He said those who incite “violence and terrorism” — language that the government has used to allude to the Muslim Brotherhood — would only benefit from the turmoil.

Churches attacked, burned

Amid the fierce clashes taking place in Cairo, numerous reports and images are emerging of churches that have been attacked and burned elsewhere in the country.

Egyptian news Web site Mada Masr has some details on the attacks:

In Sohag [a city on the west bank of the Nile 245 miles south of Cairo], Bishop of Mar Girgis Church Moussa Ibrahim told Mada Masr that the church was set ablaze by Muslim Brotherhood supporters at 9:30 am in the absence of police forces, despite repeated threats against the church.

The biggest church in the governorate, Mar Girgis is located in Thakafa Square near the Brotherhood sit-in. Three other small churches were also attacked in Sohag but Ibrahim could not confirm the extent of the damage.

A Coptic resident living near the church told Mada Masr that shops owned by Copts and Muslims in front of the church were destroyed. Live shots were heard in the area as citizens began forming popular committees.

Al-Jazeera posted this image on Twitter, which it says shows a church after being attacked and burned in Sohag.

The Post’s Abigail Hauslohner tweets:

The Wall Street Journal’s Maria Abi-Habib reports from Minya, 150 miles south of Cairo on the Nile’s west bank:

Jon Williams, foreign editor for ABC News, posted this image on Twitter, of a church set ablaze in Sohag.

Video: White House won't call it a coup

White House Deputy Press Secretary Josh Earnest said Wednesday the Obama administration won’t “make a determination” about whether the ousting of Egyptian President Mohamed Morsi was a military coup.

Health Ministry raises death toll to 149

The Associated Press reports that the death toll from Wednesday’s clashes in Egypt has risen to 149.

It’s important to keep in mind that at least 72 people were killed less than three weeks ago, in deadly clashes between security forces and pro-Morsi supporters.

AFP: Mohamed ElBaradei resigns

AFP is now reporting that Egyptian Vice President Mohamed ElBaradei has resigned.

In an interview with The Post’s Lally Weymouth last week, ElBaradei said that the number one thing Egypt should do at the moment is stop the violence.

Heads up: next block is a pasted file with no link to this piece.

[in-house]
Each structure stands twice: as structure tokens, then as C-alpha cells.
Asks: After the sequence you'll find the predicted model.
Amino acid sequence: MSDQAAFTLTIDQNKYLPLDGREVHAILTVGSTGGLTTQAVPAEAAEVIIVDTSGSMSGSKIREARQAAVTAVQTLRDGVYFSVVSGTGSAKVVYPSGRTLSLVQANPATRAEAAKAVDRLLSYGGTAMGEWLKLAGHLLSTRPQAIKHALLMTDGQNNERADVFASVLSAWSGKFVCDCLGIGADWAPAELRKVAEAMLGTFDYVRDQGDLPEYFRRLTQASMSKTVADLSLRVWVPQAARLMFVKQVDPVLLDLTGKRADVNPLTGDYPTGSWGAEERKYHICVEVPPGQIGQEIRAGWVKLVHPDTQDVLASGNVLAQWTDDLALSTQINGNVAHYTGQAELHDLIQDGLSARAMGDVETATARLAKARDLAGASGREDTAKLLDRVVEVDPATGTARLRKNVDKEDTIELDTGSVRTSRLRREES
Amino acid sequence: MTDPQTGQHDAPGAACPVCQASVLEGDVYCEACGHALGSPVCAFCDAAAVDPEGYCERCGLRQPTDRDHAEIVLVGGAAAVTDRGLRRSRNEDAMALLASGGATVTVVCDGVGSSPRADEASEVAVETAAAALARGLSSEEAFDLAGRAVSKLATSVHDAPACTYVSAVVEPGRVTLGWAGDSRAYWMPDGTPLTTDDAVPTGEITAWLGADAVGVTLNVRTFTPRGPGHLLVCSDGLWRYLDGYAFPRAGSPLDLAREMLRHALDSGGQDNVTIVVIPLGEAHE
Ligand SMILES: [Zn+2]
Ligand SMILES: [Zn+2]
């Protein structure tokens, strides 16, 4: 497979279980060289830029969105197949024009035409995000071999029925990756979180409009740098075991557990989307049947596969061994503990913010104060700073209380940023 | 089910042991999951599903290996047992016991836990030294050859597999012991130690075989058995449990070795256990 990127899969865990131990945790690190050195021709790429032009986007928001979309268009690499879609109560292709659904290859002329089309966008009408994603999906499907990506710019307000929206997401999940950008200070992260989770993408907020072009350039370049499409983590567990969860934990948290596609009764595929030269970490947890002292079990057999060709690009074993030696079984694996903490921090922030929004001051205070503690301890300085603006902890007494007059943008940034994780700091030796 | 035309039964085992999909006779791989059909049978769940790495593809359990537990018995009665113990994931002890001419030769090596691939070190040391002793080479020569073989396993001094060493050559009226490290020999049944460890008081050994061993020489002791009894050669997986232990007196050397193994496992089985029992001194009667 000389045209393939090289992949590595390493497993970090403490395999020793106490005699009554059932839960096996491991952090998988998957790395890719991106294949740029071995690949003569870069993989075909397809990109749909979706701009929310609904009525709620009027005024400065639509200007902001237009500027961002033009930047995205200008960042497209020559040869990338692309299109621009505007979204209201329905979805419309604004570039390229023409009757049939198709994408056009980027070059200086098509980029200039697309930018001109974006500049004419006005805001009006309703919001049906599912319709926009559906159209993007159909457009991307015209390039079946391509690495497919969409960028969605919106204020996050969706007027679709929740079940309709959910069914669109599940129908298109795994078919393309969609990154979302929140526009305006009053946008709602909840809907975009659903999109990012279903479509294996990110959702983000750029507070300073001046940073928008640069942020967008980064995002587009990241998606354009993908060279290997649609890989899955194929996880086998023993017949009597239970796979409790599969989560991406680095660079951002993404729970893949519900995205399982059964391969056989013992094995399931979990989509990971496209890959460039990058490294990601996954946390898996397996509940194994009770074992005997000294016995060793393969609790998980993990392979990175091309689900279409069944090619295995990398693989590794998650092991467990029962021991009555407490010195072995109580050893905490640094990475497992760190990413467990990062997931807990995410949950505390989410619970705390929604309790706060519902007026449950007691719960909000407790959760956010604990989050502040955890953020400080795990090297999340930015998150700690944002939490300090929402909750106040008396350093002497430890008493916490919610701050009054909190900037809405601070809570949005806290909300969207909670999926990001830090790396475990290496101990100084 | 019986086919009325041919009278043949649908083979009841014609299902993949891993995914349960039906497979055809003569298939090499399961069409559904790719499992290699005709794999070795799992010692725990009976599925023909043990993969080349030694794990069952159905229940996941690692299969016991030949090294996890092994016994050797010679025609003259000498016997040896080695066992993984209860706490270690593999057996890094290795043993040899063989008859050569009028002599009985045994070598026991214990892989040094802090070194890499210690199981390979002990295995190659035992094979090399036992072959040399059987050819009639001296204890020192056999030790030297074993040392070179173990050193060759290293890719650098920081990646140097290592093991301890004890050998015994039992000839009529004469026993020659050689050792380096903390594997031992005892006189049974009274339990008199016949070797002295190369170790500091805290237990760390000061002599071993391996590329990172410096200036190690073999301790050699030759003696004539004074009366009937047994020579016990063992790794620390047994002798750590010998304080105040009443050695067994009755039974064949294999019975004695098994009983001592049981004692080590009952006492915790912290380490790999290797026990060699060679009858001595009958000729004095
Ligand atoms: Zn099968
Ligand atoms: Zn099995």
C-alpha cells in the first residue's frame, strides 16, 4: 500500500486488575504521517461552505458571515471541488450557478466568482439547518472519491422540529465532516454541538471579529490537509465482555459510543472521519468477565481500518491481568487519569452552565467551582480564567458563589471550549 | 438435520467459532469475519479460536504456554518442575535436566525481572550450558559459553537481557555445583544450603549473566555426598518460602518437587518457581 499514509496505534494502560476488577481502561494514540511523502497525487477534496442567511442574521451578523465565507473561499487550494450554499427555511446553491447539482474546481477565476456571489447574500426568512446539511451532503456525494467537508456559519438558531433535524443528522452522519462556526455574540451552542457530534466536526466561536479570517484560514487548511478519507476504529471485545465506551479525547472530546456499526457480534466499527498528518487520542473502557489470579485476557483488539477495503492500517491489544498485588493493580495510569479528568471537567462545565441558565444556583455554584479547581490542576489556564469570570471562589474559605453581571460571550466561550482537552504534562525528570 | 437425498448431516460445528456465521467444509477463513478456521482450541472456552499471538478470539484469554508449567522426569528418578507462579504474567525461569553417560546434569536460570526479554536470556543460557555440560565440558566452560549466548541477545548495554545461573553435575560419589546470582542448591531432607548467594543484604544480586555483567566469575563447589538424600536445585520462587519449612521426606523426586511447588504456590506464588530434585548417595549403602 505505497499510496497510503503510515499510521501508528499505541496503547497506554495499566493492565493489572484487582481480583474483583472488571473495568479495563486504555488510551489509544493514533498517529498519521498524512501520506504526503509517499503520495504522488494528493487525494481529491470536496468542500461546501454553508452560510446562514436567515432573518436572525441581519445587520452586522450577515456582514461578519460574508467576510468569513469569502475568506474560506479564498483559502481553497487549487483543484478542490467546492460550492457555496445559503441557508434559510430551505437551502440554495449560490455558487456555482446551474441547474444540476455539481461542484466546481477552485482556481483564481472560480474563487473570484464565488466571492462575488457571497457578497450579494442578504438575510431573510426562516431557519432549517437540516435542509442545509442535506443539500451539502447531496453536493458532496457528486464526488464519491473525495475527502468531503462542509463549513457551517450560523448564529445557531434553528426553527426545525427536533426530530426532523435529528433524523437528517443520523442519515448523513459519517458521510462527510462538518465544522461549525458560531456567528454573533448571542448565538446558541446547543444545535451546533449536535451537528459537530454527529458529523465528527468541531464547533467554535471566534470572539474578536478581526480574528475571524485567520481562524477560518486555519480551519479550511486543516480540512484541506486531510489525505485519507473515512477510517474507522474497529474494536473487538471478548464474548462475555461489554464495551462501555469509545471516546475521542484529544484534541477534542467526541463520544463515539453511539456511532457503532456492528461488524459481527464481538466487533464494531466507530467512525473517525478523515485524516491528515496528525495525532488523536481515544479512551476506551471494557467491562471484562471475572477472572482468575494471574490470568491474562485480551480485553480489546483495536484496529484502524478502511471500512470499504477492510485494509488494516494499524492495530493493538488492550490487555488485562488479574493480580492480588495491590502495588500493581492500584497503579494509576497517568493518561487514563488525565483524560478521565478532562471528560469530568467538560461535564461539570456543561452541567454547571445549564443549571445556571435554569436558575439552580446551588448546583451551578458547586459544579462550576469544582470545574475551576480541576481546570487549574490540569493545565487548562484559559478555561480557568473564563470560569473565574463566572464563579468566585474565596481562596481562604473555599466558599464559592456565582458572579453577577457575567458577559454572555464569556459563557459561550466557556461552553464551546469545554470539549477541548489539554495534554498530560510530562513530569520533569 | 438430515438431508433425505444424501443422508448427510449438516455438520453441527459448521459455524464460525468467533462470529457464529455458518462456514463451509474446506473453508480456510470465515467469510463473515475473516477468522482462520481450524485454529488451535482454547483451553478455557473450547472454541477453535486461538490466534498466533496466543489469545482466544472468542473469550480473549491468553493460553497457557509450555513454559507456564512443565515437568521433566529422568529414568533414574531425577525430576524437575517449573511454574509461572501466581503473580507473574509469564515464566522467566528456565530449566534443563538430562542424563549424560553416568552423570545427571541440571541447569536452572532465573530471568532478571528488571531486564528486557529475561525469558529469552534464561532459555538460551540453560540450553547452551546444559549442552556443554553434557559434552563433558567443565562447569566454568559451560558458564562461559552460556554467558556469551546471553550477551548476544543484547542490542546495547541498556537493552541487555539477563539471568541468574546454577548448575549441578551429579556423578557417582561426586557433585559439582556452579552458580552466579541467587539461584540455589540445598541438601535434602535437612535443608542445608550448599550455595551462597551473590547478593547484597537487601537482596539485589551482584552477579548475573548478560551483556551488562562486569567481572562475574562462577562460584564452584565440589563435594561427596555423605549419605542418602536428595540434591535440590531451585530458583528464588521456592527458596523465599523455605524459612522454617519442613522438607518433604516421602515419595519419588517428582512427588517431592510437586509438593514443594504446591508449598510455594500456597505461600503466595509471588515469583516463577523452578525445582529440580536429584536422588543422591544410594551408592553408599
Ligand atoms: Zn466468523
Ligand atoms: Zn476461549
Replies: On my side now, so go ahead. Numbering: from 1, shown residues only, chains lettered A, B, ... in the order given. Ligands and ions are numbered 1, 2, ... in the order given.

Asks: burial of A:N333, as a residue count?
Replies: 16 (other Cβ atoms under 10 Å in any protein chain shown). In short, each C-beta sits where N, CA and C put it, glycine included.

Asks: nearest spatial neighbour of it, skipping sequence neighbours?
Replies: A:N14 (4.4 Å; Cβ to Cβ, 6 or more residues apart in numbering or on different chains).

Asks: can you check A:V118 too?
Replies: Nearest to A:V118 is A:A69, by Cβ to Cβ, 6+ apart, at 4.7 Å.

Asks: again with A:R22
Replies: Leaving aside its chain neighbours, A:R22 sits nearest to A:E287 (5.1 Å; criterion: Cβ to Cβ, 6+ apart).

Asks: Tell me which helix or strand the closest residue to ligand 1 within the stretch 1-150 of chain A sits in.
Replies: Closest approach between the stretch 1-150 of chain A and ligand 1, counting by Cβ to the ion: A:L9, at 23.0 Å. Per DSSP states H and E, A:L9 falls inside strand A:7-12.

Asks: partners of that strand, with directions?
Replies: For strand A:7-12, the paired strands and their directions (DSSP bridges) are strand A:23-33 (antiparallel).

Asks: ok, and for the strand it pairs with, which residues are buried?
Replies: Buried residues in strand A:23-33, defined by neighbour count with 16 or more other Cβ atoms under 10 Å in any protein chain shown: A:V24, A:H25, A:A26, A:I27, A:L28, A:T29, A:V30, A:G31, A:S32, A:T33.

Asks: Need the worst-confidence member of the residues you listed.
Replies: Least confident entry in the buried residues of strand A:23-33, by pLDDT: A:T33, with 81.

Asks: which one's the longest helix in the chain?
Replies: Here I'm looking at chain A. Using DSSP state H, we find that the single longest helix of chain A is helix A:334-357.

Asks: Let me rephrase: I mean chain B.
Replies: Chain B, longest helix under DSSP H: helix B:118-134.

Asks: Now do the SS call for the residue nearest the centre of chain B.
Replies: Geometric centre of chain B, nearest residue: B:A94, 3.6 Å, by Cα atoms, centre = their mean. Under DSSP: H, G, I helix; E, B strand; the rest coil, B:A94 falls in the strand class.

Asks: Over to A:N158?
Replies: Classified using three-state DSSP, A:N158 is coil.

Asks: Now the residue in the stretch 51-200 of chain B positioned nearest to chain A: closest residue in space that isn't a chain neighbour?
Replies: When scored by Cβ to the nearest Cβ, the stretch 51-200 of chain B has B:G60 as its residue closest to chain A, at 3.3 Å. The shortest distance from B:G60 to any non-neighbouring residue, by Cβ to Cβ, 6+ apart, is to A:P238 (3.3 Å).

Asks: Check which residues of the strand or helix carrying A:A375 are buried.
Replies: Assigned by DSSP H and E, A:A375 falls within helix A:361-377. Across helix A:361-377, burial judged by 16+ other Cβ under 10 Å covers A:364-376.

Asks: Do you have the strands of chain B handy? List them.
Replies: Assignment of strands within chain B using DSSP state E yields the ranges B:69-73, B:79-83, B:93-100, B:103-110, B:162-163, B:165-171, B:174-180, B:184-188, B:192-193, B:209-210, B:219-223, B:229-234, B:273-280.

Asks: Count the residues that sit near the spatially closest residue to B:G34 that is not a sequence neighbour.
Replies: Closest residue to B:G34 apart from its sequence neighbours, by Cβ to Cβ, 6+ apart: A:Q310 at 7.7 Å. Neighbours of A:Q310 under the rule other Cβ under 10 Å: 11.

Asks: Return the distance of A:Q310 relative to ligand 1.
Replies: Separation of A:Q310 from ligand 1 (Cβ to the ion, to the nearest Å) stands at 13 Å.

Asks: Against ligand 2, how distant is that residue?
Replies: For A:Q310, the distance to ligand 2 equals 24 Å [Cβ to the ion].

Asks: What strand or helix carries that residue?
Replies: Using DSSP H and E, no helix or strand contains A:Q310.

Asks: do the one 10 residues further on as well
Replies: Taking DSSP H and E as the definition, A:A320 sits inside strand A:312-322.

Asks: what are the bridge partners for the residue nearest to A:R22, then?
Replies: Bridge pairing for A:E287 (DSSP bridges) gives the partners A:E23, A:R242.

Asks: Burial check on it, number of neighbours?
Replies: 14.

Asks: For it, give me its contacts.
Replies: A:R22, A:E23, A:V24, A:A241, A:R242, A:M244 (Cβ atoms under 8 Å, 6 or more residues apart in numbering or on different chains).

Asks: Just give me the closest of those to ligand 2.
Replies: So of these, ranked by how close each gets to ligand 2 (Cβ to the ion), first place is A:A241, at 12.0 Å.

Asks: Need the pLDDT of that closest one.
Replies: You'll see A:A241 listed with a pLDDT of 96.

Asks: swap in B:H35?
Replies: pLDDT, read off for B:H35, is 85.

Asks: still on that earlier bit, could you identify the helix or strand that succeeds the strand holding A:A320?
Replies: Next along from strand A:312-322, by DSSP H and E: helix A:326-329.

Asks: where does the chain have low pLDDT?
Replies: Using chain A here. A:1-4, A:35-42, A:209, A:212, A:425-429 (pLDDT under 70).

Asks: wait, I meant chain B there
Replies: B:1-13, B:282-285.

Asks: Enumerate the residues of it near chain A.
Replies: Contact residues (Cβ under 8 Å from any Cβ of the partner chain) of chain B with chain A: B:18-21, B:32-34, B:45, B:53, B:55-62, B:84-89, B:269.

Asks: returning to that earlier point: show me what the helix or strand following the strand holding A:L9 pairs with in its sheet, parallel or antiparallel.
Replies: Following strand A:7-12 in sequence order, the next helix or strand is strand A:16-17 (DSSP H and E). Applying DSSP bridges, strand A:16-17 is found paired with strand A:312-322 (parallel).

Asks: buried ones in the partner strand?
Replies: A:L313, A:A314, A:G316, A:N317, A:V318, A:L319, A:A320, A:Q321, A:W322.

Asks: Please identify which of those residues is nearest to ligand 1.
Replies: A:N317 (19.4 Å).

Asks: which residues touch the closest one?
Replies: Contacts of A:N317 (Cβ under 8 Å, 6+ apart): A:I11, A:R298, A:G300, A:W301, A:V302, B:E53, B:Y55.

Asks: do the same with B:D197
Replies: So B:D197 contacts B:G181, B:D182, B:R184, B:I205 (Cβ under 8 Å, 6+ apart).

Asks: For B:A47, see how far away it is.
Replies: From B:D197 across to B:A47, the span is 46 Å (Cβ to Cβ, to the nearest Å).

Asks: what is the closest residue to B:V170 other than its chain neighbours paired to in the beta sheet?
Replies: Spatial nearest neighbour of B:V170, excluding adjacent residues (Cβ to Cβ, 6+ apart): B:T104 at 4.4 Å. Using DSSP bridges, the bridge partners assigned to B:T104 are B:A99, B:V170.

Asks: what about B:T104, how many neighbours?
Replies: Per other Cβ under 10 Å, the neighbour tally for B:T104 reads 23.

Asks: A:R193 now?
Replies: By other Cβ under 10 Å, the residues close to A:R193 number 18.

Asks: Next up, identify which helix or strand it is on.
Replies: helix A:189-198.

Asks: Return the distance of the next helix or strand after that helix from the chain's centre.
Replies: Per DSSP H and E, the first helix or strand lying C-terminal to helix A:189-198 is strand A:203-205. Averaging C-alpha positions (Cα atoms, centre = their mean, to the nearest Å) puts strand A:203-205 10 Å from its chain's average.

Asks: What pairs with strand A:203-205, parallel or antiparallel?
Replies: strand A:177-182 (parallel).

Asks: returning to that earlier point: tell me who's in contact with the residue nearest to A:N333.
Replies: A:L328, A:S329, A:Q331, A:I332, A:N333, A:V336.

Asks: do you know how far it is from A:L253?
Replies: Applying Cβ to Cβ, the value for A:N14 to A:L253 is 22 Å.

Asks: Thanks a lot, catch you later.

Once we do that, we immediately have to go into a dialogue to ensure that the Brotherhood understand that Mr. Morsi failed. But that doesn’t mean that the Brotherhood should be excluded in any way. They should continue to be part of the political process.

ElBaradei also said during the interview that the killing of 72 protesters on July 27 was “terrible” and that he had called for an independent commission to investigate.

Anything that involves losing lives is a horrible mistake. Whoever started it, whether it was excessive use of retaliation — I don’t know. But we need to make sure this will not be repeated. This is our immediate priority right now. Stop violence and go back to the table and start talking and find a solution. We are condemned to live together.

You can read the full interview here.

U.S. condemns use of violence

“The United States strongly condemns the use of violence against protesters in Egypt,” White House Deputy Press Secretary Josh Earnest said.

“We extend our condolences to the families of those who have been killed and to the injured. We have repeatedly called on the Egyptian security forces to show restraint … just as we have urged protestors to demonstrate peacefully.”

“We also strongly oppose a return to a state of emergency law and call on the government to respect basic human rights such as freedom of assembly,” Earnest added.

The Guardian has posted the audio from first 15 minutes of the White House briefing on Egypt.

Curfew declared in Cairo